Actions speak louder than words. Instead of simply posting about racial equality and the importance of lifting up Black creatives and industry leaders, actively show what your brand is doing to take a stand. Simply pushing out a single-post shoutout for Black History Month on your social media channels and calling it a day will no longer do. We are now in an age where the pressure has increased for brands to not only recognise but tackle social justice issues in their day-to-day business operations.
Brands that are doing more than ticking the box and actually incorporating meaningful action into their marketing activities set a great example for how to go above and beyond tokenistic shows of support. Do more than just talk the talk; here are some brands that are actually walking the walk when it comes to lifting up the black community and showing their support for racial justice all year round.
Ben & Jerry’s
Ben & Jerry’s have been vocal about their support for Black Lives Matter since the Ferguson unrest in 2014, well before #BLM became a trending hashtag. Outlining their support in a lengthy statement, the ice-cream brand encouraged people to recognise the imperative need to tackle “systemic and institutionalised racism”, highlighting racial injustice as “the defining civil rights and social justice issues of our time”. Stepping beyond a tokenistic approach to celebrating the Black community, Ben & Jerry’s stood proudly in allyship and were not afraid to get political. Their statement declared: “All lives do matter. But all lives will not matter until black lives matter.” Putting social justice before their brand’s reputation and not being afraid to rock the boat make Ben & Jerry’s stand out from the crowd.
Tik Tok kicked off Black History Month on their discovery page by displaying their #MakeBlackHistory campaign and revealing its inaugural Black TikTok Trailblazers list. Celebrating Black excellence and honouring Black creators, Tik Tok is using Black History Month as an opportunity to pass the mic to Tik Tok’s Black content creators.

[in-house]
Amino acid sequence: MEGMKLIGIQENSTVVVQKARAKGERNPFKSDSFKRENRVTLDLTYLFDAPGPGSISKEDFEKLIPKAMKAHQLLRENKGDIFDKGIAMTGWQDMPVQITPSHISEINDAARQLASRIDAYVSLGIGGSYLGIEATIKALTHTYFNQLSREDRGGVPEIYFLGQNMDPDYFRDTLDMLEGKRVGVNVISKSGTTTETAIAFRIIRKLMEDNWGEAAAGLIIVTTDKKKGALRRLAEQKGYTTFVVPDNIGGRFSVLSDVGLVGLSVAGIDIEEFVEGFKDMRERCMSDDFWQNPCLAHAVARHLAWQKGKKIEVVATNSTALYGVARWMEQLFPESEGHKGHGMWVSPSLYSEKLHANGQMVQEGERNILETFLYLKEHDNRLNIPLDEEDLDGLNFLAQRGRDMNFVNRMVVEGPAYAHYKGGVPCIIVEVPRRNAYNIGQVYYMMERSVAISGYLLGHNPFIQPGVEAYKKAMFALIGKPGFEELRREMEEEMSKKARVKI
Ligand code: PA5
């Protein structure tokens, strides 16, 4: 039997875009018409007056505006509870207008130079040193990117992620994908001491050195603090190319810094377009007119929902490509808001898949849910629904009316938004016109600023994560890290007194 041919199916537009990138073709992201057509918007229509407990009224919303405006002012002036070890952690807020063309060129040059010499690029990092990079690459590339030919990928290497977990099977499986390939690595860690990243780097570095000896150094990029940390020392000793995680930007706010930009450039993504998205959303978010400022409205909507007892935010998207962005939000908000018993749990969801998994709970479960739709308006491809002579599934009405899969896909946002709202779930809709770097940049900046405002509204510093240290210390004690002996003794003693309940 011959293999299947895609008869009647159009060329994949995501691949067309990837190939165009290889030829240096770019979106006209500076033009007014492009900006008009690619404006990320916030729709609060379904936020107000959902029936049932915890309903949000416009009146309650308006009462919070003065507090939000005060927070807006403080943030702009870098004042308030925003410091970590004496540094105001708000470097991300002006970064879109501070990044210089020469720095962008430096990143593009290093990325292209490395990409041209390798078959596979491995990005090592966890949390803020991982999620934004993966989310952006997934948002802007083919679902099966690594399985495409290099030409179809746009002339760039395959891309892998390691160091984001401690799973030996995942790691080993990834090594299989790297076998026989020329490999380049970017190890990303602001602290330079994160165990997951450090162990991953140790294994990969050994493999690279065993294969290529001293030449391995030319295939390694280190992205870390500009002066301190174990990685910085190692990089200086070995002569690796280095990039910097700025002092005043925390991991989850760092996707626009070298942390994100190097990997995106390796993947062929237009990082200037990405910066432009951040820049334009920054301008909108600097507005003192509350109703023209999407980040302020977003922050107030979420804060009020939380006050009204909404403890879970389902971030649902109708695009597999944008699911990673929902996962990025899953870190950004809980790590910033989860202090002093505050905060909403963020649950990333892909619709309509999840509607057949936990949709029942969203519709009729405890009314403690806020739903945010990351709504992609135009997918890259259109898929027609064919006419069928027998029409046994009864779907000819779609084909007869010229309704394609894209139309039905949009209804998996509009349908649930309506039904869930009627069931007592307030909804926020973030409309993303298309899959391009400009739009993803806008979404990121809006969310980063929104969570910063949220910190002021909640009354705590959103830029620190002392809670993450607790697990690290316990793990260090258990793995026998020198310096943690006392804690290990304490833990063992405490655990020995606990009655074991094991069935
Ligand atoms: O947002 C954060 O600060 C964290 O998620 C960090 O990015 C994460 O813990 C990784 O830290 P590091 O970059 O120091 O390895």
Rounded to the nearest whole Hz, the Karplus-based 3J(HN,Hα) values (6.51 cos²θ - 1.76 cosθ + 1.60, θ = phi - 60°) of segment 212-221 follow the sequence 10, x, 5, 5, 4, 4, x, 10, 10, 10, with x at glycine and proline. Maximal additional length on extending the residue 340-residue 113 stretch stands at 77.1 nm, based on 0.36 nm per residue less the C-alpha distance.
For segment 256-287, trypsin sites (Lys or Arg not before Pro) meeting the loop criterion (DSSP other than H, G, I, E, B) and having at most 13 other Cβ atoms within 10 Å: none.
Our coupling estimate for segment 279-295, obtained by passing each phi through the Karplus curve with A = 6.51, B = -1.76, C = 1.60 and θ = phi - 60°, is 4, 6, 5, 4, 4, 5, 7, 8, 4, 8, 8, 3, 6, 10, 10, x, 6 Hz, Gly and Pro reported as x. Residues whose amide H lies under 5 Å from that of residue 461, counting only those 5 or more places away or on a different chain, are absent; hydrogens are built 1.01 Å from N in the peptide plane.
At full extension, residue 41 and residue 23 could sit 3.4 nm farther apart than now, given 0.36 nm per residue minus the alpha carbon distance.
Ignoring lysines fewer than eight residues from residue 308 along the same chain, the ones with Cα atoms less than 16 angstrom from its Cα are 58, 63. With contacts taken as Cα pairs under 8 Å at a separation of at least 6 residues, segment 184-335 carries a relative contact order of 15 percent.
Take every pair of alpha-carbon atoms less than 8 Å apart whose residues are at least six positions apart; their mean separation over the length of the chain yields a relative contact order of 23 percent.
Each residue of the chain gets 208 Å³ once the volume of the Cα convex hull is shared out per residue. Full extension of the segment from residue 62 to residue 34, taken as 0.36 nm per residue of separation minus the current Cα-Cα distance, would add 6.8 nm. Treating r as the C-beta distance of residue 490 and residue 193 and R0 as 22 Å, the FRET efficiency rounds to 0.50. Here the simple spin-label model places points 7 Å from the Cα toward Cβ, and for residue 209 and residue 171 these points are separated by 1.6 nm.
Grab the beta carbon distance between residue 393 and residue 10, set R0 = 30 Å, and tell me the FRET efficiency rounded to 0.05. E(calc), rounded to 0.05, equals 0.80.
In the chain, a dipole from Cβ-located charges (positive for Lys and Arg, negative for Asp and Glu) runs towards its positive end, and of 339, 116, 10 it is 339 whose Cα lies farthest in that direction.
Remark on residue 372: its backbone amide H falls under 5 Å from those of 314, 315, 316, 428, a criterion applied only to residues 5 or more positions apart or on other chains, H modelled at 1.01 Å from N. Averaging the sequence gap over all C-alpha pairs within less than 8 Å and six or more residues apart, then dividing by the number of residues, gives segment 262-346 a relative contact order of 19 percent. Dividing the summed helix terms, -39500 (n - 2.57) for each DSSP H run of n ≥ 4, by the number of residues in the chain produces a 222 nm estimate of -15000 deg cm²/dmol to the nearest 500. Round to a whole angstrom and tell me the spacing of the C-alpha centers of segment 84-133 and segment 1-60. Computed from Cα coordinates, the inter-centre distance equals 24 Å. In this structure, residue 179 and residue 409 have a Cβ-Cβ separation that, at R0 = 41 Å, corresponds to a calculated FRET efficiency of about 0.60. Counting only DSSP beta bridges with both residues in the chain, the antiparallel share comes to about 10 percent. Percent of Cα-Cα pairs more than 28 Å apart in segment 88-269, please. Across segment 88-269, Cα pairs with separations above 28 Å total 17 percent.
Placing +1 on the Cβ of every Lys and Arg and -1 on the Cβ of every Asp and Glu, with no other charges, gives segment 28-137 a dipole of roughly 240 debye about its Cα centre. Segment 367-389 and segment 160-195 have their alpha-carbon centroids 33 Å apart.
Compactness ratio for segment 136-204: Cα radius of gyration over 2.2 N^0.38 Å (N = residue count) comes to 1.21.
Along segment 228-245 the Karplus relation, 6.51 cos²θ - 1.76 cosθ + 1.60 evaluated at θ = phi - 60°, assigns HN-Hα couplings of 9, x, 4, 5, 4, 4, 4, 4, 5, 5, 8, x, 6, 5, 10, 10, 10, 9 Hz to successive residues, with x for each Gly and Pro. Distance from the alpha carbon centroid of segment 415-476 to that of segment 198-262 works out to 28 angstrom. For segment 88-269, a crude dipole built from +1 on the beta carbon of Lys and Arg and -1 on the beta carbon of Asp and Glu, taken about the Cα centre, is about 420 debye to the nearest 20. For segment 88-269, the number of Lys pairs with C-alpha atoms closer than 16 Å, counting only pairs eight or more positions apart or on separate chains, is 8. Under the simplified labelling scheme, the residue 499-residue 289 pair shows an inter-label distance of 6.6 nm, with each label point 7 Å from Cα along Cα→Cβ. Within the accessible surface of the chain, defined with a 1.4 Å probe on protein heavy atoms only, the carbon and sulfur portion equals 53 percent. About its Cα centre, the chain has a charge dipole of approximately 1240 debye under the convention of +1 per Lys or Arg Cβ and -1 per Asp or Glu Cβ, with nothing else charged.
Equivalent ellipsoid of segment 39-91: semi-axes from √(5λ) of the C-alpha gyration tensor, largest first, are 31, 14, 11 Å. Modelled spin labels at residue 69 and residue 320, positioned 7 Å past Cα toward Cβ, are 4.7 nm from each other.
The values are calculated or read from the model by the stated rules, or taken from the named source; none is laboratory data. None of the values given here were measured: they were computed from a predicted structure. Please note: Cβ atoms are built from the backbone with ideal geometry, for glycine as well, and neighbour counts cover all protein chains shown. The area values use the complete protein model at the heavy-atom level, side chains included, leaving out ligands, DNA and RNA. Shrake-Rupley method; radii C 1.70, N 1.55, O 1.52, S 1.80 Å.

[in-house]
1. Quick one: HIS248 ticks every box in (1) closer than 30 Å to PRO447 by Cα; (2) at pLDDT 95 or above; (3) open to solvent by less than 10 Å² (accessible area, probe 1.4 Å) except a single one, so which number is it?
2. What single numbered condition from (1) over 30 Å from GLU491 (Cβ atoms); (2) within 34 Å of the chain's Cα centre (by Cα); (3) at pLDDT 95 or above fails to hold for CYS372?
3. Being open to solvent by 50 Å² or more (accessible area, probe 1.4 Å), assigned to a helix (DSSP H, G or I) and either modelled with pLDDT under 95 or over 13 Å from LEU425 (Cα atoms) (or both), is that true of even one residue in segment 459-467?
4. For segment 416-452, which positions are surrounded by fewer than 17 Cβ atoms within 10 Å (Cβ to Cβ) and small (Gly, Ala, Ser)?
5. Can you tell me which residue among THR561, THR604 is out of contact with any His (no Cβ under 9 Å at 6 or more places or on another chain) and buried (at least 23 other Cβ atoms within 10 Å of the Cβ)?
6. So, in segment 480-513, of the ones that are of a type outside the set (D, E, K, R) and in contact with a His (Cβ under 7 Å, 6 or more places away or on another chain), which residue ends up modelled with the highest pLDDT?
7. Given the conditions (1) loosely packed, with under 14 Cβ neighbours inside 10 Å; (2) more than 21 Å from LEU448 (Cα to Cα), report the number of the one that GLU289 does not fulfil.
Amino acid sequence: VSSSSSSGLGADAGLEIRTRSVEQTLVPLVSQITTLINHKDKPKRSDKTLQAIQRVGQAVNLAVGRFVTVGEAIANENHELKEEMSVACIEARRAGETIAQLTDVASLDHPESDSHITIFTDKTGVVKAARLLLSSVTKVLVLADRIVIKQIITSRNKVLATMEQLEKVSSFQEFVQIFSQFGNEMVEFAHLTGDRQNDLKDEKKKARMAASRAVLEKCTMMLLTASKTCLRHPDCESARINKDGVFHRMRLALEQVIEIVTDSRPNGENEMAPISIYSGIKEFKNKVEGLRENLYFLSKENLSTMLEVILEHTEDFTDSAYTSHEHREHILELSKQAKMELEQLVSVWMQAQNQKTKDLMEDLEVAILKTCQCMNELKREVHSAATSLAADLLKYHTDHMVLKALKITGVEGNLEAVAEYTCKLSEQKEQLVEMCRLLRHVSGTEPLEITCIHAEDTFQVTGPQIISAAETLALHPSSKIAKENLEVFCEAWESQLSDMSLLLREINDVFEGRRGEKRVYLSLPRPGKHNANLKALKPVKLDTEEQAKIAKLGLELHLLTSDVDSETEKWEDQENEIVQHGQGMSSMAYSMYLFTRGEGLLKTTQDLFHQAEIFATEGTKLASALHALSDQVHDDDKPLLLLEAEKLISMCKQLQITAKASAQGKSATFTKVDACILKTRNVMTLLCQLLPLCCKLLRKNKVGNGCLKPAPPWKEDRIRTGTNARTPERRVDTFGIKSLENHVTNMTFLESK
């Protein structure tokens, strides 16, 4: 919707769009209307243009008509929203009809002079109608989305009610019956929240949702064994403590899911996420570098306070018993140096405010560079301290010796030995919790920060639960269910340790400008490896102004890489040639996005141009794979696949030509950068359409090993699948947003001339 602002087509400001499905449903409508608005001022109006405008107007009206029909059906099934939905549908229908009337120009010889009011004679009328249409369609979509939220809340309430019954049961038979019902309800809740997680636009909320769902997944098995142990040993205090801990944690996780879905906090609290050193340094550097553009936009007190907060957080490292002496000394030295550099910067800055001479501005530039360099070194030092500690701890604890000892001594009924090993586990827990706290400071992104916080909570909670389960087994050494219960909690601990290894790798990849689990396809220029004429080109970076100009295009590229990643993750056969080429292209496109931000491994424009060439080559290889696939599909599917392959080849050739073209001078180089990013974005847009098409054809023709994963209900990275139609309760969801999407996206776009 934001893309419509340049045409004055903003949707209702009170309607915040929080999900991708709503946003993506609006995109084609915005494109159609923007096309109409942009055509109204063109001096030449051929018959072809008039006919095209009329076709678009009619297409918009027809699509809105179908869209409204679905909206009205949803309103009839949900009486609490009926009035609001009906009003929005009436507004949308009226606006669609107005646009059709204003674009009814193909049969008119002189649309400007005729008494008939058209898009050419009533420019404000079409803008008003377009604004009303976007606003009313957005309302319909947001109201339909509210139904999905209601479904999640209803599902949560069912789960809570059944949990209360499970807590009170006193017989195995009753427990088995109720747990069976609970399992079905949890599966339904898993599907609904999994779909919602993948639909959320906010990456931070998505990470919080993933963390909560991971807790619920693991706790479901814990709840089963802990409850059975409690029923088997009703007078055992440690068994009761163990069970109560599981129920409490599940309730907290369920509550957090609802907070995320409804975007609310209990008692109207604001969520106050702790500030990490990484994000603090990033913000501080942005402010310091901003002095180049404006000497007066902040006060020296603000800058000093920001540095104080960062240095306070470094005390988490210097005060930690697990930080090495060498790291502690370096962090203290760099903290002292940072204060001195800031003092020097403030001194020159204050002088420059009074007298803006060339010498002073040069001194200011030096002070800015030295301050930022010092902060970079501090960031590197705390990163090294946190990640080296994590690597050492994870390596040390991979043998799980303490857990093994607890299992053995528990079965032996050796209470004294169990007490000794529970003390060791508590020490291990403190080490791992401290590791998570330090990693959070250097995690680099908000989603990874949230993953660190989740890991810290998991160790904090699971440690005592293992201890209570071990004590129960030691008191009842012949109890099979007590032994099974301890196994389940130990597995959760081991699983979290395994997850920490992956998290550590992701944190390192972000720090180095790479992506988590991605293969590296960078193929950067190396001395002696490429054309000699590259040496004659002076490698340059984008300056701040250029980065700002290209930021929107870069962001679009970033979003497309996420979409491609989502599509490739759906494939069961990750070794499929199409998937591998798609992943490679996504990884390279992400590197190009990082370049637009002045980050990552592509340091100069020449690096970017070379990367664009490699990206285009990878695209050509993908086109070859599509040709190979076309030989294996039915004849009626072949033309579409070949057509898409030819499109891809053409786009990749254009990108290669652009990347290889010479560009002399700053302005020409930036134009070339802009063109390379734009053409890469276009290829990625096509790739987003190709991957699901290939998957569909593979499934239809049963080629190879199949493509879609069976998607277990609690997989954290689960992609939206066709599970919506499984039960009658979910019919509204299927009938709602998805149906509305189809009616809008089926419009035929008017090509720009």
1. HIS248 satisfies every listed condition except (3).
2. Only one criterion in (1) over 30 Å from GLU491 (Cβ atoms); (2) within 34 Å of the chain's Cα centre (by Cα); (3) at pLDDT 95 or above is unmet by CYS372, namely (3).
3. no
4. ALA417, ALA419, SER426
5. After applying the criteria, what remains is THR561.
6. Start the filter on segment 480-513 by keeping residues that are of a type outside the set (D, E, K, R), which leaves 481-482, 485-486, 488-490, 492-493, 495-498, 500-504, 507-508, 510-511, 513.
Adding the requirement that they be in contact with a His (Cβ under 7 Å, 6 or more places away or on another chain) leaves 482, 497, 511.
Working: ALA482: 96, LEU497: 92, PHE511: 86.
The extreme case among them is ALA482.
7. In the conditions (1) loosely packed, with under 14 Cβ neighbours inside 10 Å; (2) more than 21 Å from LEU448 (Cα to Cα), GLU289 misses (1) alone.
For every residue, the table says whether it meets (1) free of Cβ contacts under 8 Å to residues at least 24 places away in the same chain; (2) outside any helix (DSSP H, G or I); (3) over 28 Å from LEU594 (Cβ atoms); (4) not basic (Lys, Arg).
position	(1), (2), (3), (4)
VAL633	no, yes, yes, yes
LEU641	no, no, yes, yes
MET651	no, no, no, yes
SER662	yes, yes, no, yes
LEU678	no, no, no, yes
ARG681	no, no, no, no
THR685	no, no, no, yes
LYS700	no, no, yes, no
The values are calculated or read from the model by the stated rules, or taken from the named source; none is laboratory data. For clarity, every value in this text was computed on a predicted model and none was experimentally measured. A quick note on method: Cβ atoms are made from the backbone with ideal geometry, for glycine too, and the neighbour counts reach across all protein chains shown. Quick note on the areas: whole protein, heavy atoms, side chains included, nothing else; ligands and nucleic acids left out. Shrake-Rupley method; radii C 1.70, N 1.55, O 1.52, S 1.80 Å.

According to Wearisma Data, the hashtag is already receiving 16M Total Engagements, showing how these actions are driving engagement and traffic to Black content creators. In fact, American singer-songwriter Todrik Hall received a whopping 102% engagement rate on his TikTok video mentioning the hashtag and Black History Month. Engaging with BHM in a way that both shows support for the cause and simultaneously provides a platform for Black content creators sets a good example for other brands to follow.
In fact, TikTok have taken their campaign even further by bringing their commitment to diversity from the online sphere to real-life this BHM, scattering billboards shouting out Black content creators all across the streets of London with the hashtag #thisisBlack. Here, @itsjustnife stands proudly in front of her billboard, thanking TikTok with the tag #HappyBHM.
Spotify is marking Black History Month with several guest-curated playlist takeovers, including images from Black photographers as cover art, as well as new playlists and podcasts. Pushing out content that educates the wider community as well as amplifies Black content creators rightly engages with Black History Month as an opportunity to pass the mic, instead of stealing it.
Thinking Beyond Black History Month
Ultimately, the most important lesson for brands to learn is to be considerate, authentic, and transparent in their approach to Black History Month. If you are celebrating BHM, think about how your strategy actually acknowledges Black history or provides a viable platform to the Black community rather than just jumping in on the trend to avoid criticism.
Remember that ensuring your approach aligns with your brand values as well as considering whether your strategy can be implemented beyond BHM is essential when thinking about how your brand can take authentic action when conveying a commitment to diversity. So, this BHM, think further than October and reassess what diversity and inclusion mean to your brand every day of the year.